MR findings of primary bone lymphoma in a 15-year-old girl: Emphasis on diffusion-weighted imaging

Department of Radiology, Cincinnati Children's Hospital Medical Center, Cincinnati, OH 45229-3039, USA.
Pediatric Radiology (Impact Factor: 1.57). 11/2010; 41(5):658-62. DOI: 10.1007/s00247-010-1893-2
Source: PubMed


We report a case of primary bone lymphoma (PBL) in a 15-year-old girl assessed by MR imaging with diffusion-weighted imaging (DWI). DWI has been shown to help characterize the cellularity of solid tumors and this case correlates well with previous data.

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    ABSTRACT: Recent studies have contributed to the enhancement of clinical and molecular knowledge on bone lymphomas, a group of rare malignancies with particular characteristics. Nevertheless, several questions remain unanswered and the level of evidence supporting some diagnostic and therapeutic decisions remains low. Currently, three different forms of bone lymphomas can be distinguished: the primary bone lymphoma, consisting of a single bone lesion with or without regional lymphadenopathies; the polyostotic lymphoma, consisting of multifocal disease exclusively involving the skeleton; and the disseminated lymphoma with secondary infiltration of the skeleton. The first two forms exhibit a good prognosis, requiring treatments similar to those commonly used for nodal lymphomas of the same category, but several issues regarding the role of surgery and local control of the disease, the sequence of treatment, radiation volumes and doses, management of pathological fractures and prevention of late sequelae deserve particular attention. Due to its rarity, prospective trials exclusively focused on bone lymphomas appear unrealistic, thus, critical revision of our own experience and analyses of large cumulative series as well as molecular studies on archival cases remain valid alternatives to improve our knowledge on this obscure lymphoproliferative malignancy. The present review is based on the analysis of the largest available database of bone lymphomas established under the sponsorship of the International Extranodal Lymphoma Study Group (IELSG) as well as on the critical revision of related literature. We provide recommendations for diagnosis, staging, treatment, and response assessment of these patients in everyday practice as well as for the management of special conditions like pathological fractures, indolent forms and central nervous system prophylaxis. Copyright © 2015 Elsevier Ltd. All rights reserved.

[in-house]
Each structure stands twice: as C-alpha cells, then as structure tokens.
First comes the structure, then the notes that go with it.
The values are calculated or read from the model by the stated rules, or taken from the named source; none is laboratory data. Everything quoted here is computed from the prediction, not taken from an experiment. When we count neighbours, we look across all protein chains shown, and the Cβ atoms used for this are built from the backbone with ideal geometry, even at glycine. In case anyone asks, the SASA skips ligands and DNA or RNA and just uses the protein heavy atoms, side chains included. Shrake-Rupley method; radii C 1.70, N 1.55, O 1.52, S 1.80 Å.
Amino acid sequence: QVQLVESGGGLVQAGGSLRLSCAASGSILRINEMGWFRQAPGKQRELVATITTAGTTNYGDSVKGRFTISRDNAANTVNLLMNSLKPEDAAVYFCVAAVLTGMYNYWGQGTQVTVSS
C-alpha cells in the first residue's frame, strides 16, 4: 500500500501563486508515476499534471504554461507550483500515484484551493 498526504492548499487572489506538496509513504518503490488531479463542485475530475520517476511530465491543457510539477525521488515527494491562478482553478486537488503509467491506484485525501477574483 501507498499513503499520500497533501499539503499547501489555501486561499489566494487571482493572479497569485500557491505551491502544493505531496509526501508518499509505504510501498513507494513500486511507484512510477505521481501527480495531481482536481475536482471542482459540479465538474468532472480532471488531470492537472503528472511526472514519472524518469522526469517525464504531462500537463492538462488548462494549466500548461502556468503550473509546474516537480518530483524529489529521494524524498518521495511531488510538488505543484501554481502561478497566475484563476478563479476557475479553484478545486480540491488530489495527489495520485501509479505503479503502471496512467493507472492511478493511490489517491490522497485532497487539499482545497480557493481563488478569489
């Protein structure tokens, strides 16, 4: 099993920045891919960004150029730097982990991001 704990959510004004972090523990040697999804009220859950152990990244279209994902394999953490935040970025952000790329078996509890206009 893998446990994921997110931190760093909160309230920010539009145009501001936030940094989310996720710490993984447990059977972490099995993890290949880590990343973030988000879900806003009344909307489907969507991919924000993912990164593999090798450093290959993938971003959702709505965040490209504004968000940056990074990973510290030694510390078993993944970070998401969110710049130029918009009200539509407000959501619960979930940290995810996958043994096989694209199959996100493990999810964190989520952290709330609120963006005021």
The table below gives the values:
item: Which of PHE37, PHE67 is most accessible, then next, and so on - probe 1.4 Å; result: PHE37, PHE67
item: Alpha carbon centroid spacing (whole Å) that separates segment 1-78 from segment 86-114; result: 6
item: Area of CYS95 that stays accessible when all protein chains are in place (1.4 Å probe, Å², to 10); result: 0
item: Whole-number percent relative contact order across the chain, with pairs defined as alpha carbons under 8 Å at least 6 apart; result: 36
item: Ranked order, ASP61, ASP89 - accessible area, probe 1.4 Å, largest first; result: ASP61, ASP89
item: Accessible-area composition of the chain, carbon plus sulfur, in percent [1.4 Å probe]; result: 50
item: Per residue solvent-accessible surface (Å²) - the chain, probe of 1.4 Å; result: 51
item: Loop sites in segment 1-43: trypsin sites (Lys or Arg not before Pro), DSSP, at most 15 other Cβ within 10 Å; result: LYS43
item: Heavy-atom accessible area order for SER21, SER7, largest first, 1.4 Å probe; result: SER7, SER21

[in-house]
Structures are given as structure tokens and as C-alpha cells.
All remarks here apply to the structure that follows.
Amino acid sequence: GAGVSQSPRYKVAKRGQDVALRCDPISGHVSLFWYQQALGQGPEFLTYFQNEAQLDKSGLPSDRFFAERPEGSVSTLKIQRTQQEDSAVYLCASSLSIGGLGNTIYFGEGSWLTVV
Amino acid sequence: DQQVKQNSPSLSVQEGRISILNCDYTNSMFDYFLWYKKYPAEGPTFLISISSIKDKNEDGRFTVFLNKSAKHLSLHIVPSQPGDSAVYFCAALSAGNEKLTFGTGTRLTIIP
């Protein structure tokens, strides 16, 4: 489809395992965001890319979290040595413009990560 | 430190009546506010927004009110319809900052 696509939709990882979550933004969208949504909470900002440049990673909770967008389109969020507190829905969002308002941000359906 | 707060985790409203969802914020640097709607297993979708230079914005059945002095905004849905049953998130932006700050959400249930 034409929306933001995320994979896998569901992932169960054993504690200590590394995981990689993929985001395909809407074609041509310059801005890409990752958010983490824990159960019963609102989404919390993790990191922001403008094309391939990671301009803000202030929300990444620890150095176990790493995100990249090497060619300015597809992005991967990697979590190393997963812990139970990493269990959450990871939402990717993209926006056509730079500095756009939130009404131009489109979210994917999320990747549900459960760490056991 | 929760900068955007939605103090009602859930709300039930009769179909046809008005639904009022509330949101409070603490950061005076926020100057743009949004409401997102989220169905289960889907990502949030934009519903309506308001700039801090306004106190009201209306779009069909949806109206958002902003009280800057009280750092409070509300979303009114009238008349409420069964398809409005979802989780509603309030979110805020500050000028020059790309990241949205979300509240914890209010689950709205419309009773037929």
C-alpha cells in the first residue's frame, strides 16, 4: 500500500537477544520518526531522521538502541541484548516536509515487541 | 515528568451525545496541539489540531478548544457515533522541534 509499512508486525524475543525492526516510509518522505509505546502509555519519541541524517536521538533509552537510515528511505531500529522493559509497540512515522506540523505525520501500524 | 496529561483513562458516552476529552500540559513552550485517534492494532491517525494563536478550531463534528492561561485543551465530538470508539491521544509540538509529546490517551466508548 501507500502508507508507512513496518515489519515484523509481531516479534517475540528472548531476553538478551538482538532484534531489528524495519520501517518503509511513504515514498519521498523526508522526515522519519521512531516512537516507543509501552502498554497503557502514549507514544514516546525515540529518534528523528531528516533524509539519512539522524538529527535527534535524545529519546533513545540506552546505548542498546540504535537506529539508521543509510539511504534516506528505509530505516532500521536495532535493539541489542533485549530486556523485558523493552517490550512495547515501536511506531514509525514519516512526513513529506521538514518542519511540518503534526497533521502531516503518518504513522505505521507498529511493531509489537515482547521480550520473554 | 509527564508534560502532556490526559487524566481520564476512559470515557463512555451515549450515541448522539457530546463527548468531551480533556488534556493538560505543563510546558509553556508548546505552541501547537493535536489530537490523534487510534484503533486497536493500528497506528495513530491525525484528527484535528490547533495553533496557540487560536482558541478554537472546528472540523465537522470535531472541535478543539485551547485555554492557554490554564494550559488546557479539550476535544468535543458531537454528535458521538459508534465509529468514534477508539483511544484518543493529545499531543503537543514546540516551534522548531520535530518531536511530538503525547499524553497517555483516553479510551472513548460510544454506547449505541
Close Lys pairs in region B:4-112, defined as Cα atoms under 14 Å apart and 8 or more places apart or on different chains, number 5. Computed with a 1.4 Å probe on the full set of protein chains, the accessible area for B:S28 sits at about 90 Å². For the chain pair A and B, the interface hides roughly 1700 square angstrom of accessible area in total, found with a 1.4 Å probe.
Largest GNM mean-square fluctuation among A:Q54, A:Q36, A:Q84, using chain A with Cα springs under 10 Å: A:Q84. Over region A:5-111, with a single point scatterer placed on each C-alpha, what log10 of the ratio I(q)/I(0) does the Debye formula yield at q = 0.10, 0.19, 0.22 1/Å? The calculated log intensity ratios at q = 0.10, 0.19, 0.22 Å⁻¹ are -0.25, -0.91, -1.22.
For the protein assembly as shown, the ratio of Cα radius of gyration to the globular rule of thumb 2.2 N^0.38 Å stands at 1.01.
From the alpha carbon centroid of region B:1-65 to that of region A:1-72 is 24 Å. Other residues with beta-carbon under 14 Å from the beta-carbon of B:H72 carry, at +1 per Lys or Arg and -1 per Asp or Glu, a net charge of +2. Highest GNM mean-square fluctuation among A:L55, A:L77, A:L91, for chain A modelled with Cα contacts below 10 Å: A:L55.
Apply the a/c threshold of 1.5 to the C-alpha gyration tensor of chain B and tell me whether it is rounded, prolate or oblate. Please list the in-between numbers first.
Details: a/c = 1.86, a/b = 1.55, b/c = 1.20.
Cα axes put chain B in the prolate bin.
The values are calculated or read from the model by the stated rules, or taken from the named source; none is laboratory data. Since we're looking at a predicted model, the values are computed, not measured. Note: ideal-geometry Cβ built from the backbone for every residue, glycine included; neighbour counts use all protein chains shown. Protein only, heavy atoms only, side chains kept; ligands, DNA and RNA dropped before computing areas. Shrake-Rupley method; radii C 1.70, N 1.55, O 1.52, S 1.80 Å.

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    ABSTRACT: The study aims to determine whether apparent diffusion coefficient (ADC) can help differentiate benign and malignant bone tumors. From January 2012 to February 2013, we prospectively included 26 patients. Of these 15 patients were male and 11 were female; ranging in age from 8 to 76 years (mean age, 34.5 years). Diffusion-weighted magnetic resonance (MR) imaging was obtained with a single-shot echo-planar imaging sequence using a 1.5T MR scanner. We grouped malignant lesions as primary, secondary, and primary tumor with chondroid matrix. The minimum ADC was measured in the tumors and mean minimum ADC values were selected for statistical analysis. ADC values were compared between malignant and benign tumors using the Mann-Whitney U-test and receiver operating curve analysis were done to determine optimal cut-off values. The mean ADC values from the area with lowest ADC values of benign and malignant tumors were 1.99 ± 0.57 × 10(-3) mm(2)/s and 1.02 ± 1.0 × 10(-3) mm(2)/s, respectively. The mean minimum ADC values of benign and malignant tumors were statistically different (P = 0.029). With cut-off value of 1.37 (10(-3) mm(2)/s), sensitivity was 77.8% and specificity was 82.4%, for distinguishing benign and malignant lesion. Benign and secondary malignant tumors showed statistically significant difference (P = 0.002). There was some overlap in ADC values between benign and malignant tumors. The mean minimum ADC values of benign and malignant chondroid tumors were high. Giant cell tumor, non-ossifying fibroma and fibrous dysplasia showed lower ADC values. Although there is some overlap, ADC values of benign and malignant bone tumors seem to be different. Further studies with larger patient groups are needed to find an optimal cut-off ADC value.
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